By Editors of Power Engineering
The analysis, issued by the Energy Technologies Institute, lays out a timeline for development of the technology, but warns that it’s dependent on gaining investor confidence early on.
“Our analysis shows that it is possible to have a first of a kind SMR operating by 2030 if SMR developers, SMR vendors, Government and regulators work together in an integrated program,” said Mike Middleton, the ETI’s Nuclear Strategy Manager and author of the report.
In April 2015, the UK government began gathering information on SMR for policy development. By November, the UK announced a £250 million program for overall nuclear research and development, including SMRs.
The report noted there’s currently no program or policy that would encourage the private sector to develop SMRs, and the ETI wants to help create investment by 2025.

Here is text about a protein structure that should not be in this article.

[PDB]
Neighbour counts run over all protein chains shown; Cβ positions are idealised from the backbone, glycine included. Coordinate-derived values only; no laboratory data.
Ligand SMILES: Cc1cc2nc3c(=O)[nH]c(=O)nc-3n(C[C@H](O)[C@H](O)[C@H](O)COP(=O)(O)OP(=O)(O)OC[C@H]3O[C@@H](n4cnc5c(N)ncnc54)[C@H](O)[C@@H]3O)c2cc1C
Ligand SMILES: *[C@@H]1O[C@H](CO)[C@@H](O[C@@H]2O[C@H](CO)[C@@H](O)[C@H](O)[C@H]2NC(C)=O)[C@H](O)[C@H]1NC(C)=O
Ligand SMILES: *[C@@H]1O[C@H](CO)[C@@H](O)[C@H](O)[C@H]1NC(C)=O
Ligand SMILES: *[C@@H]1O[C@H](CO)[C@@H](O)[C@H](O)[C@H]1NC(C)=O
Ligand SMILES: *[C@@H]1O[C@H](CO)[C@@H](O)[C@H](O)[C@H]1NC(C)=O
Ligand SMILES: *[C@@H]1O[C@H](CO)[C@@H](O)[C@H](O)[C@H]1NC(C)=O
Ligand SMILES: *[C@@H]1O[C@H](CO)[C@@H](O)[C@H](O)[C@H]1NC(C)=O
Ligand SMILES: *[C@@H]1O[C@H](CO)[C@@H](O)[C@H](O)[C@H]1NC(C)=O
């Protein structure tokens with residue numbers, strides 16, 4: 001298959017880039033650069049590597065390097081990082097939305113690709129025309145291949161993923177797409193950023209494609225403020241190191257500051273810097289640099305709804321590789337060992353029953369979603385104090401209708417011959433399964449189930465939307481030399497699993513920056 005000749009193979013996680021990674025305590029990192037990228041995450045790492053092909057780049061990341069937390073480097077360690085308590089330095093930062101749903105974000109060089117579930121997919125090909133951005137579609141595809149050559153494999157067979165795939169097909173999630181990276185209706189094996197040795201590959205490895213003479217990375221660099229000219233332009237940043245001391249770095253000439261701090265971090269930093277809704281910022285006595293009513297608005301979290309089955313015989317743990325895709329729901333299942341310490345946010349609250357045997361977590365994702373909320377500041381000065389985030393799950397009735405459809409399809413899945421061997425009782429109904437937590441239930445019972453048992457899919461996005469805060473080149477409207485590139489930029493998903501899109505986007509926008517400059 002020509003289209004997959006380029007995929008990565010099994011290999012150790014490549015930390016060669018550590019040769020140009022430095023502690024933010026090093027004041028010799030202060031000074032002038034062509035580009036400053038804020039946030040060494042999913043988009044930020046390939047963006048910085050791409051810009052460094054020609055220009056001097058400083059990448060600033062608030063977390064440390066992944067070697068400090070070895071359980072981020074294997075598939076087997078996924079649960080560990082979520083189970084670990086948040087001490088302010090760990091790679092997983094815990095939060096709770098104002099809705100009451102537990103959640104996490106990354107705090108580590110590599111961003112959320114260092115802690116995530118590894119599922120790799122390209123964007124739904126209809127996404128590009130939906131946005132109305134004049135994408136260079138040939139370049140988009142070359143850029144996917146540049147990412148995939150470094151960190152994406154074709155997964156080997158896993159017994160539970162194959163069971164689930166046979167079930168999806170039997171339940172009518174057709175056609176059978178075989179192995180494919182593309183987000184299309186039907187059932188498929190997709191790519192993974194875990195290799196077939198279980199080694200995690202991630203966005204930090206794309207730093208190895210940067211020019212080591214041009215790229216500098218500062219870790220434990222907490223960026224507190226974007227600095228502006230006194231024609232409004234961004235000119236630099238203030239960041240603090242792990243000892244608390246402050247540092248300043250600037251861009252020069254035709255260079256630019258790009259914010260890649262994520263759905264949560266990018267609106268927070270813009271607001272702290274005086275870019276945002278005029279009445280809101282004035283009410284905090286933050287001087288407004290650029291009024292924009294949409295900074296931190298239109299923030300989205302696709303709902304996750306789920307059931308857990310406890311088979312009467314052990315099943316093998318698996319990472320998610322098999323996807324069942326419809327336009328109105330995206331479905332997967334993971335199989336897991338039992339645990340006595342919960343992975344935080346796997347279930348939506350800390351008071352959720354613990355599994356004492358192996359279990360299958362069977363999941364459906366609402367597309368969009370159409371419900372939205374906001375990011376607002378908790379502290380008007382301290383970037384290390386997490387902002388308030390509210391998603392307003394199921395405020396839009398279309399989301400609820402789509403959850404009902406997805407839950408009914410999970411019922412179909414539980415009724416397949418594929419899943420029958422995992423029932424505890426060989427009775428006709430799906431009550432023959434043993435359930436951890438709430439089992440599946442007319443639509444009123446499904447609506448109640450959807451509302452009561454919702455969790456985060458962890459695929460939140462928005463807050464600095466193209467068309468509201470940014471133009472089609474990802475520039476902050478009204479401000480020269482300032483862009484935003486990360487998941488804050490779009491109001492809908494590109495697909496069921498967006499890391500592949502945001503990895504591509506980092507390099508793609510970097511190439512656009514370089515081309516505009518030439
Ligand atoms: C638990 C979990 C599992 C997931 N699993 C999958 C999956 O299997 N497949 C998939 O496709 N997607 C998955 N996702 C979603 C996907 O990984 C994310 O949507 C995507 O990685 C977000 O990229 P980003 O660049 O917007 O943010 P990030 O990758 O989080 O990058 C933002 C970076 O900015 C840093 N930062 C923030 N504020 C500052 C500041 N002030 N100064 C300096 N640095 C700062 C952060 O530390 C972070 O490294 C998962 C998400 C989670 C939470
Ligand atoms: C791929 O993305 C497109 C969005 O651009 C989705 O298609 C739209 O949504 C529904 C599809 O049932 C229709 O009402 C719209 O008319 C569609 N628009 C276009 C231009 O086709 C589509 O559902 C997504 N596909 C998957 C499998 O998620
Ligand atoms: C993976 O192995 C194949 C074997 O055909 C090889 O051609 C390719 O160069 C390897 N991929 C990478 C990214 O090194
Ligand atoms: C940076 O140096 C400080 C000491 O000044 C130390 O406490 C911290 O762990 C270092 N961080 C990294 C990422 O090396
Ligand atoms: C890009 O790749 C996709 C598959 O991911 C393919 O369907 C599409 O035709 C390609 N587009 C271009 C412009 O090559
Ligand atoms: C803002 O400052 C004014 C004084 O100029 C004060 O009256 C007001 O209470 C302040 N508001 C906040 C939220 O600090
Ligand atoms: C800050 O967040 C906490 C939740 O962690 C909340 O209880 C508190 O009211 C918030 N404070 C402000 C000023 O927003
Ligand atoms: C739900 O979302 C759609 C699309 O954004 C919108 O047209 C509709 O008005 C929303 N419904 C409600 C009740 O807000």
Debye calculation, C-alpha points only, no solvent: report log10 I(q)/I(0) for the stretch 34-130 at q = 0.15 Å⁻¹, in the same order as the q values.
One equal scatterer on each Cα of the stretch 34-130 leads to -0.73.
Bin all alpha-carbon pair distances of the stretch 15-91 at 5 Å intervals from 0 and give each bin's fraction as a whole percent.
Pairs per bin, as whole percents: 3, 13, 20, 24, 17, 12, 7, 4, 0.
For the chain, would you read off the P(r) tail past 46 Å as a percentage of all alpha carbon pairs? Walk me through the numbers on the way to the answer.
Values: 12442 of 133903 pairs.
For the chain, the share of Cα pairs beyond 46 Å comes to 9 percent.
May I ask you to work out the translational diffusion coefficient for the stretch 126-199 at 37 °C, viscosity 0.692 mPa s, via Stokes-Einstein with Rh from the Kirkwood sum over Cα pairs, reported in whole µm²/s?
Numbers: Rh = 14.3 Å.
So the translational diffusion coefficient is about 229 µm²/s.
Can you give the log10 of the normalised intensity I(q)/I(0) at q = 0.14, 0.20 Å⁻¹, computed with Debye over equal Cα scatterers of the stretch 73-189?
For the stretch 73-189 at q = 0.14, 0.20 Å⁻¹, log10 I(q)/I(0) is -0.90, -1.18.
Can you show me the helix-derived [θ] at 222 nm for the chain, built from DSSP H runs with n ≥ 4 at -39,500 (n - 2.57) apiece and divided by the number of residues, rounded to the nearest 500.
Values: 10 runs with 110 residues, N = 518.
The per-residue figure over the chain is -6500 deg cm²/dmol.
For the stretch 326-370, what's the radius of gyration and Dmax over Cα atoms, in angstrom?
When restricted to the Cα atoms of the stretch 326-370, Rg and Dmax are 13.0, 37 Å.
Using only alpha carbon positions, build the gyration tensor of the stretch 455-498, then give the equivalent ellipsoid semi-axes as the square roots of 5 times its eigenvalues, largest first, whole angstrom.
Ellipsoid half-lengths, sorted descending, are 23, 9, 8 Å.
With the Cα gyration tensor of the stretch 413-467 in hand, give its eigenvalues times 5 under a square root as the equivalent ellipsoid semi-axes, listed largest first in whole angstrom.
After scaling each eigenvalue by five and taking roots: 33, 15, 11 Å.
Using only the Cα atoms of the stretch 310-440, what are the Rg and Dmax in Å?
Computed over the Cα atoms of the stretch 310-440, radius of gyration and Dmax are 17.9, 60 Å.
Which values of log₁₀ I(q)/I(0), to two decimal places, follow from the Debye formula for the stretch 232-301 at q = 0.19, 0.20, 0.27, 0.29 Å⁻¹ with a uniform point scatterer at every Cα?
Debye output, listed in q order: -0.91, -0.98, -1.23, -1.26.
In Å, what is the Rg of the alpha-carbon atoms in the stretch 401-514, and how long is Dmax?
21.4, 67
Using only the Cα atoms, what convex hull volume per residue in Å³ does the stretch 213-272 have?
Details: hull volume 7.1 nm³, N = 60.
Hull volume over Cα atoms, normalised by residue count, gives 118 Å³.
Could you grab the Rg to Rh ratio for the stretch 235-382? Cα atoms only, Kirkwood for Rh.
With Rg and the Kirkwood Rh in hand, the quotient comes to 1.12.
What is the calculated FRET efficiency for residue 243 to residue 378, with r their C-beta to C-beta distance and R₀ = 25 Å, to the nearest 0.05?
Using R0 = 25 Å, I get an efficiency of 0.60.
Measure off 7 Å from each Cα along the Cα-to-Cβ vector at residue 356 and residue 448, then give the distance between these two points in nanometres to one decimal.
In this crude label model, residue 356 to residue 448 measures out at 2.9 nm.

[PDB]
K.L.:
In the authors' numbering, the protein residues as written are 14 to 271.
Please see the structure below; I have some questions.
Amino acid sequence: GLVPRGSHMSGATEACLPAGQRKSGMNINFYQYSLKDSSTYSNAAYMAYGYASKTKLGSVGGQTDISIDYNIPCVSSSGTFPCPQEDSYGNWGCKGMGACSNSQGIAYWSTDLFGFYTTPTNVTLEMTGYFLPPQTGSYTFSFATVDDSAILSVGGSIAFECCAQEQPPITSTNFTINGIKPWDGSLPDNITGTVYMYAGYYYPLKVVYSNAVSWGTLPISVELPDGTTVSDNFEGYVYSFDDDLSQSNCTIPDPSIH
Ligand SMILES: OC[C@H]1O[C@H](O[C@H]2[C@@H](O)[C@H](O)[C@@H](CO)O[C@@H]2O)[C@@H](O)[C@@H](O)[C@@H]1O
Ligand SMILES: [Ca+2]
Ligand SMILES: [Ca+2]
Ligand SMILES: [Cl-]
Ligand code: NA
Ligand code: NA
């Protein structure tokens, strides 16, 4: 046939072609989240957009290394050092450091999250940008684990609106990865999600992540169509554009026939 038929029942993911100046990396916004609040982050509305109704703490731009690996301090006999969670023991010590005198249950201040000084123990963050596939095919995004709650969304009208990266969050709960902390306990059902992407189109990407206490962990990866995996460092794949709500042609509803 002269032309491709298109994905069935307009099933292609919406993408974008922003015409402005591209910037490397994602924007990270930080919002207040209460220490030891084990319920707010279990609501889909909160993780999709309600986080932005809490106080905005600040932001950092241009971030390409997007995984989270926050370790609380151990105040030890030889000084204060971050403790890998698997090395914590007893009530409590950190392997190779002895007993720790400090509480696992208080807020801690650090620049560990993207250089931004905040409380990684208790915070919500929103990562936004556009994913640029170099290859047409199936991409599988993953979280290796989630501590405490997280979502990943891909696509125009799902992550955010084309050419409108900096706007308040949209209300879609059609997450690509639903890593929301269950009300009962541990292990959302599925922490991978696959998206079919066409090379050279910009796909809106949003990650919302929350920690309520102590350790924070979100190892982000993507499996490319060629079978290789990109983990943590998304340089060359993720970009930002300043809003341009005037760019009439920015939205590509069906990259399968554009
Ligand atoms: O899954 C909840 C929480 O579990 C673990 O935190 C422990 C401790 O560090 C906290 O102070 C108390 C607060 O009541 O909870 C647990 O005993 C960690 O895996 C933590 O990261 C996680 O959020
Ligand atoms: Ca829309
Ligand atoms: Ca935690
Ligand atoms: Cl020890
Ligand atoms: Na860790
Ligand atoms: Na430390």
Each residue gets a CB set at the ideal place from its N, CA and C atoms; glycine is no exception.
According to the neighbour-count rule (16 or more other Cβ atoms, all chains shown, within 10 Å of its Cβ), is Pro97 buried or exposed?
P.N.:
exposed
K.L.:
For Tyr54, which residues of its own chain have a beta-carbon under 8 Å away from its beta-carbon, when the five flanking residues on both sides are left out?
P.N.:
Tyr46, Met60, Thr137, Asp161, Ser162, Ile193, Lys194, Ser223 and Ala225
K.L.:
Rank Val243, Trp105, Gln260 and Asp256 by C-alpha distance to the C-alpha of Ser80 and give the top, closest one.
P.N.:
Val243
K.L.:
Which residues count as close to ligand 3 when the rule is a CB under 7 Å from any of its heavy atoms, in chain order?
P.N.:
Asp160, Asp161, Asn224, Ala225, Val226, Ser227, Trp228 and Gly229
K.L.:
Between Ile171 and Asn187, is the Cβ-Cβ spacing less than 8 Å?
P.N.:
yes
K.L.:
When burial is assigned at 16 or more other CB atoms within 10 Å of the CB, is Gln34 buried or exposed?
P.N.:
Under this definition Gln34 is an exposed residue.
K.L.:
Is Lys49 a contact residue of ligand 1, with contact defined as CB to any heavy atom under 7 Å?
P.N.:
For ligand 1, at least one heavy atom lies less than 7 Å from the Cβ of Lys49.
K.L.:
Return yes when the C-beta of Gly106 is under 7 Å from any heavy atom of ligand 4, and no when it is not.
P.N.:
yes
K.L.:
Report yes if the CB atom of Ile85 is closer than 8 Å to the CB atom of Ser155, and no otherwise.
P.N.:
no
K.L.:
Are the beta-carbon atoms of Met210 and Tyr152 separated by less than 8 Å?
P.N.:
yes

In a statement, ETI said SMRs offer flexibility and the ability to deliver low-carbon heat into cities via hot water pipelines, allowing for buildings to reduce their carbon emissions. They can also be built into factories on site.
The report noted a range of locations are already suitable for potential early deployment of SMRs.
SMR development is also underway in the United States, as the Small Modular Reactor Research and Education Consortium has funded two research projects.